John M. Neale's life is a study in contrasts: born into an evangelical home, he had sympathies toward Rome; in perpetual ill health, he was incredibly productive; of scholarly temperament, he devoted much time to improving social conditions in his area; often ignored or despised by his contemporaries, he is lauded today for his contributions to the church and hymnody. Neale's gifts came to expression early–he won the Seatonian prize for religious poetry eleven times while a student at Trinity College, Cambridge, England. He was ordained in the Church of England in 1842, but ill health and his strong support of the Oxford Movement kept him from ordinary parish ministry. So Neale spent the years between 1846 and 1866 as a warden of Sackvi… Go to person page >
Annue Christe saeculorum Domine. [Common of Apostles.] This hymn is of unknown authorship, its full form consists of four general stanzas, and nine stanzas proper of saints.
Translations in common use:—
1. 0 Christ, Thou Lord of worlds, Thine ear. By J. M. Neale. Published in the enlarged edition of the Hymnal Noted, 1854, No. 75, in 4 stanzas of 8 lines, from whence it has passed into a few collections. In the St. Raphael's Collection, 1860, special stanzas were introduced after the Sarum manner (these added stanzas are all original) for SS. Andrew, Thomas, John and James, Matthias, Peter, Bartholomew, Matthew, and Simon and Jude, and some of these were repeated in Skinner's Daily Service Hymnal, 1864, with additional verses for St. Barnabas and for SS. Philip and James, the latter altered from Bp. Wordsworth's hymn on that festival in his Holy Year, "Blest be, 0 Lord, the grace of Love." It is altered in the Hymnary, 1872, to "0 Christ, Thou Lord of all."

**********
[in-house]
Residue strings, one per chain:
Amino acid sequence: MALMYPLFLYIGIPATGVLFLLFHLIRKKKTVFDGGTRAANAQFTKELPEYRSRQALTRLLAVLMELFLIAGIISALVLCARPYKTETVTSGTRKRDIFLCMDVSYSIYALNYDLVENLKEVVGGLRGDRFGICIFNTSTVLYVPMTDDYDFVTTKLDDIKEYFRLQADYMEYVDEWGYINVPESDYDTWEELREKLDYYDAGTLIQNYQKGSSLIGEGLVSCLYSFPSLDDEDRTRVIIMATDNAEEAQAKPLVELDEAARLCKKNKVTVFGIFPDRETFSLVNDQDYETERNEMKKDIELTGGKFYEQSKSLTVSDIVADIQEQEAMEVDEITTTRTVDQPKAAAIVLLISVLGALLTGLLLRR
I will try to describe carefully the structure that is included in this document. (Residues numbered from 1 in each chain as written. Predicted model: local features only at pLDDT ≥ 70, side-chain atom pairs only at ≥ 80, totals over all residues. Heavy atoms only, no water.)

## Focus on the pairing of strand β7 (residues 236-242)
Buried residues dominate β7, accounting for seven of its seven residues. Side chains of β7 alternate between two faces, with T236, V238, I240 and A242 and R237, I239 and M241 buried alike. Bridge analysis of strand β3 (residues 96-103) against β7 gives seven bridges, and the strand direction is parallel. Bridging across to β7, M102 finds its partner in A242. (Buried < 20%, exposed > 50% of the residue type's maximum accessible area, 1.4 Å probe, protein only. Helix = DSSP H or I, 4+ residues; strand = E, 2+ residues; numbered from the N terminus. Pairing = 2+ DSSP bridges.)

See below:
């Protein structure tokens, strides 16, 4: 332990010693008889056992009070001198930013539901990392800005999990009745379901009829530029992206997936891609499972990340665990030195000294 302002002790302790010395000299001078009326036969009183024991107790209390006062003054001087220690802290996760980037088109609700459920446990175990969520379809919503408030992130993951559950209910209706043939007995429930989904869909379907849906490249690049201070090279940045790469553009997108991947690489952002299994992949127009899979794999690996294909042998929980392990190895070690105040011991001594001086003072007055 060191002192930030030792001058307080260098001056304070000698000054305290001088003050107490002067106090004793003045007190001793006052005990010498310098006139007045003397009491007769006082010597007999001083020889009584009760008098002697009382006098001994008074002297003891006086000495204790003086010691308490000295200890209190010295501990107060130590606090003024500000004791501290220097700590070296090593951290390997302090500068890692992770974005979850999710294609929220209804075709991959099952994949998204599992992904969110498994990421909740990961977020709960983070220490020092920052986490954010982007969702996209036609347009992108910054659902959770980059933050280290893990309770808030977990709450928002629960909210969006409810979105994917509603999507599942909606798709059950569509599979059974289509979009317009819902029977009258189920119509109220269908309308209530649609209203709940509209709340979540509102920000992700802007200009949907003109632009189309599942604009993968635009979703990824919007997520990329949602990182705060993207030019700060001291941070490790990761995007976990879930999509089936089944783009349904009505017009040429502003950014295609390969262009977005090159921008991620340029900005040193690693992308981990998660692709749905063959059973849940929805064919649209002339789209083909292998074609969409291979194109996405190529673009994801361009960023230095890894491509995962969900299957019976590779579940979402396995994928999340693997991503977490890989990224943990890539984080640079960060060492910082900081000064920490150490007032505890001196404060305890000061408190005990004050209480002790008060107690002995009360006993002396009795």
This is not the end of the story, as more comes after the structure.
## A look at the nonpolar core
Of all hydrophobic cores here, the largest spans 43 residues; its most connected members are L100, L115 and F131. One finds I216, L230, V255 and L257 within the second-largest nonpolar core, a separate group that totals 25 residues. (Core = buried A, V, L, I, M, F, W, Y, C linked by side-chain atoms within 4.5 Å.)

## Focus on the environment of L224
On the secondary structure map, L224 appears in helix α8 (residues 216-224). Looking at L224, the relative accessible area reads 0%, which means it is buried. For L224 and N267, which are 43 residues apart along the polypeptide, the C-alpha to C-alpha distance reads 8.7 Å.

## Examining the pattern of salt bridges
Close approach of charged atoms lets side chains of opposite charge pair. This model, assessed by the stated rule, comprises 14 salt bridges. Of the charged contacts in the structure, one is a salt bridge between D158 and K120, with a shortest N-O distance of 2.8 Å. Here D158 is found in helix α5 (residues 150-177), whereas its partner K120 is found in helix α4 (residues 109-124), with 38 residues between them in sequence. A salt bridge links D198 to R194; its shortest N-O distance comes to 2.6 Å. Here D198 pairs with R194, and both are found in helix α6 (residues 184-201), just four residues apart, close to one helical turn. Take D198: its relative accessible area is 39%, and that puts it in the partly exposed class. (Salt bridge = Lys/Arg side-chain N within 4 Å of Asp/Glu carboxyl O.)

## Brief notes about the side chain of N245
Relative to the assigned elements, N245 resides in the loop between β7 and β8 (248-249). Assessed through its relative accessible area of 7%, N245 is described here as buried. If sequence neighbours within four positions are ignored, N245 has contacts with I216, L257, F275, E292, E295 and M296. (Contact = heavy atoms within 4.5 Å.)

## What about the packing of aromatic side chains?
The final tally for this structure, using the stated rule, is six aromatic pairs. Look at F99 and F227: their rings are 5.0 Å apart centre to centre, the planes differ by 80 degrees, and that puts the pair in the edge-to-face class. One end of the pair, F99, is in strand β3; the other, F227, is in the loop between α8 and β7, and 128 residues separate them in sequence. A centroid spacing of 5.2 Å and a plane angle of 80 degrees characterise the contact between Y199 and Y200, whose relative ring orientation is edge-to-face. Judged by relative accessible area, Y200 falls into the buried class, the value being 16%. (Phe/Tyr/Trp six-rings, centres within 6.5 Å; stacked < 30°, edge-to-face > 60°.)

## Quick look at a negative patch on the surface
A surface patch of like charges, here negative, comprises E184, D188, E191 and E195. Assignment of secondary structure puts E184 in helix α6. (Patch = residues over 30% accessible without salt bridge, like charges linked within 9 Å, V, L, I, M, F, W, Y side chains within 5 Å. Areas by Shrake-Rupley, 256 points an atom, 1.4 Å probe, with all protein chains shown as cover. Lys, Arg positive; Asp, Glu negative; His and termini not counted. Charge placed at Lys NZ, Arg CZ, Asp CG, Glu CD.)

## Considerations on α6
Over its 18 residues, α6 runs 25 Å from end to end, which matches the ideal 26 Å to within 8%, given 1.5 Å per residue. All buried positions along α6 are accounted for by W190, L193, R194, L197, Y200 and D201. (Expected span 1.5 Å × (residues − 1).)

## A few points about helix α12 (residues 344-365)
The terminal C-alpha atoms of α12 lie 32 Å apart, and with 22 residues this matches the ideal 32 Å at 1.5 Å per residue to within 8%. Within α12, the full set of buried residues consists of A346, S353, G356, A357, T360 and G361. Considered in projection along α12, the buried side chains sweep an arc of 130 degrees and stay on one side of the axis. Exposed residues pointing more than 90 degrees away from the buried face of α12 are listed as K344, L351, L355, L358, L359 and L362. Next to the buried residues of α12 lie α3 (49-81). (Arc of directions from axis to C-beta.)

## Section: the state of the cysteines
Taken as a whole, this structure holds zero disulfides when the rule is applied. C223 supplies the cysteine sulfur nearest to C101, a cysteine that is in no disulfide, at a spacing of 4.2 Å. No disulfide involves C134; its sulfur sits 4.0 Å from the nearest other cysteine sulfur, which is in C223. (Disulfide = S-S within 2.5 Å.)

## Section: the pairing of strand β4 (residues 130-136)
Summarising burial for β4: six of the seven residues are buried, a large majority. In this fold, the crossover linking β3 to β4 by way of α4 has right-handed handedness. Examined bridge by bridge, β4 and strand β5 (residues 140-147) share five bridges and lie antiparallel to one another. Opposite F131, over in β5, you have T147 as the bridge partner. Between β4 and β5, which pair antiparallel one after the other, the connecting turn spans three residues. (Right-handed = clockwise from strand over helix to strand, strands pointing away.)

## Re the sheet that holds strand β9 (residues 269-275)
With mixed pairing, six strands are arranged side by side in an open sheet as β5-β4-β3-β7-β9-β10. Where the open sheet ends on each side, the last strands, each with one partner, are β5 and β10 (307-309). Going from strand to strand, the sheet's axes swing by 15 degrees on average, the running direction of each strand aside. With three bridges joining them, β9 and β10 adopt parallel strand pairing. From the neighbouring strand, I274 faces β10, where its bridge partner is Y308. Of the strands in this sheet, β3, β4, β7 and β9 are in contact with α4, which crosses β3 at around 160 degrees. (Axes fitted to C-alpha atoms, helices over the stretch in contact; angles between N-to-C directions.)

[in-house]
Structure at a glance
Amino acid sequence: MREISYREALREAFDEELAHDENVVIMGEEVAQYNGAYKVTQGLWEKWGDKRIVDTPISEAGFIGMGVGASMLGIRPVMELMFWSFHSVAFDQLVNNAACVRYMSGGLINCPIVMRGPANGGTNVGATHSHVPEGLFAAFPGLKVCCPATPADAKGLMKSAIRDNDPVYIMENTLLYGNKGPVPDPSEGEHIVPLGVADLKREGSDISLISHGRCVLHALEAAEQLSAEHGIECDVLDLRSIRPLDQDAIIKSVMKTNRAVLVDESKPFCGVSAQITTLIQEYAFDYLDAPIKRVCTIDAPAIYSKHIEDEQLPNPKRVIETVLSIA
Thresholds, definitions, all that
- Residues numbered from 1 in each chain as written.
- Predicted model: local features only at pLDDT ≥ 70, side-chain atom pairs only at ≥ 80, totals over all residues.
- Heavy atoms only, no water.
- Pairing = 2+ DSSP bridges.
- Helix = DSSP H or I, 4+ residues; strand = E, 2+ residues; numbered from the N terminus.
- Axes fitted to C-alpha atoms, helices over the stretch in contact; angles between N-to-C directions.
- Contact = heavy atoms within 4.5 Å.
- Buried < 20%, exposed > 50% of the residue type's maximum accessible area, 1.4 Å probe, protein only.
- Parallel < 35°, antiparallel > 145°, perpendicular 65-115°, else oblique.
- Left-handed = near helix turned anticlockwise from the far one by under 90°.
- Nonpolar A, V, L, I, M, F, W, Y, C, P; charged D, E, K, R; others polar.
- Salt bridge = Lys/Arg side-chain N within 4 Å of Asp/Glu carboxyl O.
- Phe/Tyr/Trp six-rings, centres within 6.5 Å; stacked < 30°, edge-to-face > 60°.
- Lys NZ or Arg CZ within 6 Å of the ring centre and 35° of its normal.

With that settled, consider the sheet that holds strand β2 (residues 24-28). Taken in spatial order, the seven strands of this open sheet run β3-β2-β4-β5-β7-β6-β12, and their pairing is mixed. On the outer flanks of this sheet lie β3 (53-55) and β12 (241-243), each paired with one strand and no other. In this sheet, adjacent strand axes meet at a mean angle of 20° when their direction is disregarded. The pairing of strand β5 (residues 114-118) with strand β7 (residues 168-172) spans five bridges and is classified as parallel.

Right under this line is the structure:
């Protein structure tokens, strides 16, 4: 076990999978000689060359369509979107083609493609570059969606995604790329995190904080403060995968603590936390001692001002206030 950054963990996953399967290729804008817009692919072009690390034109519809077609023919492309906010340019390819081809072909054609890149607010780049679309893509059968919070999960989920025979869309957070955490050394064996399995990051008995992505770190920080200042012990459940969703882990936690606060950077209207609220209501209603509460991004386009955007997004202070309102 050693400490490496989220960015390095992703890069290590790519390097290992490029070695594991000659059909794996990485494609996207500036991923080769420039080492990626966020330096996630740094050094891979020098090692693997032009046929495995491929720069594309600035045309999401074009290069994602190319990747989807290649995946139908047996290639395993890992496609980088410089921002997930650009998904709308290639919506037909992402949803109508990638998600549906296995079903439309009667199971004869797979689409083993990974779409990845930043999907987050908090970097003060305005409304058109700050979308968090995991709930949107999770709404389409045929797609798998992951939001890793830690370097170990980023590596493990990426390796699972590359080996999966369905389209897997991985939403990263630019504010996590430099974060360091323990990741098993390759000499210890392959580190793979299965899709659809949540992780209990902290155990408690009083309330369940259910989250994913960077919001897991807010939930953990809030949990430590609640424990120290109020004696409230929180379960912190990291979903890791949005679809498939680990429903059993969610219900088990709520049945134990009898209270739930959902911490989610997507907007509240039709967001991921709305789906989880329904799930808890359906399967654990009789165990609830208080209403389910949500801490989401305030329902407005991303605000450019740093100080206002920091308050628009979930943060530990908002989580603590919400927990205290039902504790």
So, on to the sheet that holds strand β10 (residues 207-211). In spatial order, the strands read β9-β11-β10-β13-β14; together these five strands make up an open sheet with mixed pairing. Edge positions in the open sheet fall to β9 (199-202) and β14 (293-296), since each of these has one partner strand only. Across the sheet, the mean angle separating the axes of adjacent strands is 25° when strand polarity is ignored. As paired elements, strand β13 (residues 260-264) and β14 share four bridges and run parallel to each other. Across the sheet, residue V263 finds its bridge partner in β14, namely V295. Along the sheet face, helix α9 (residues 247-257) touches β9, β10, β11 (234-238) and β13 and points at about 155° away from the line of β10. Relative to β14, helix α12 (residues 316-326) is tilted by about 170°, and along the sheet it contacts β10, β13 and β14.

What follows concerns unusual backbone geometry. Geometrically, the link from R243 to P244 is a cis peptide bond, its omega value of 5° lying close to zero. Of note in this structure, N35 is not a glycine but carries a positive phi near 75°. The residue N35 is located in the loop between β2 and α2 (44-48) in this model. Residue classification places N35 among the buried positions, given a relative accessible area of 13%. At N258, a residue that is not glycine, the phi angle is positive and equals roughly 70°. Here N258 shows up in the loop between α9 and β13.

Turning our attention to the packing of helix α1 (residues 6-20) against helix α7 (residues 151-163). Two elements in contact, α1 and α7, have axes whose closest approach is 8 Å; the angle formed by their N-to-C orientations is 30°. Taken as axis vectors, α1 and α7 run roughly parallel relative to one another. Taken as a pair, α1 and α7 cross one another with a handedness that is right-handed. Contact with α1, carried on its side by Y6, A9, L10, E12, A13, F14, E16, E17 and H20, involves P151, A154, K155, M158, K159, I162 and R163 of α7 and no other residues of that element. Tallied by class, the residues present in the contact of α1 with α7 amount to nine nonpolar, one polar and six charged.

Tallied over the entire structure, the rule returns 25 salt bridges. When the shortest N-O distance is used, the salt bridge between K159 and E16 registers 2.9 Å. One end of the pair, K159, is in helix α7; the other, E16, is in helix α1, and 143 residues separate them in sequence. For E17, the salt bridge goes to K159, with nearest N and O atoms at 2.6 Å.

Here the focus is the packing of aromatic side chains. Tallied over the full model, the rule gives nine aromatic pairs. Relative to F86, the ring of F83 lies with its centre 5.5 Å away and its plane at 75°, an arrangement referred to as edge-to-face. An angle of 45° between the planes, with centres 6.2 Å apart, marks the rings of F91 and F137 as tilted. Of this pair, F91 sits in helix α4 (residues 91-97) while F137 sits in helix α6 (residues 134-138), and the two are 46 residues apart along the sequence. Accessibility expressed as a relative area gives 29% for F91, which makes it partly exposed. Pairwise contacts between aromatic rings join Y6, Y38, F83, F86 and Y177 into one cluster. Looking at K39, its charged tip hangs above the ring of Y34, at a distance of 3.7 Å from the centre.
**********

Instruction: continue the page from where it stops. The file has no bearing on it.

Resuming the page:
-- Excerpts from John Julian, Dictionary of Hymnology (1907)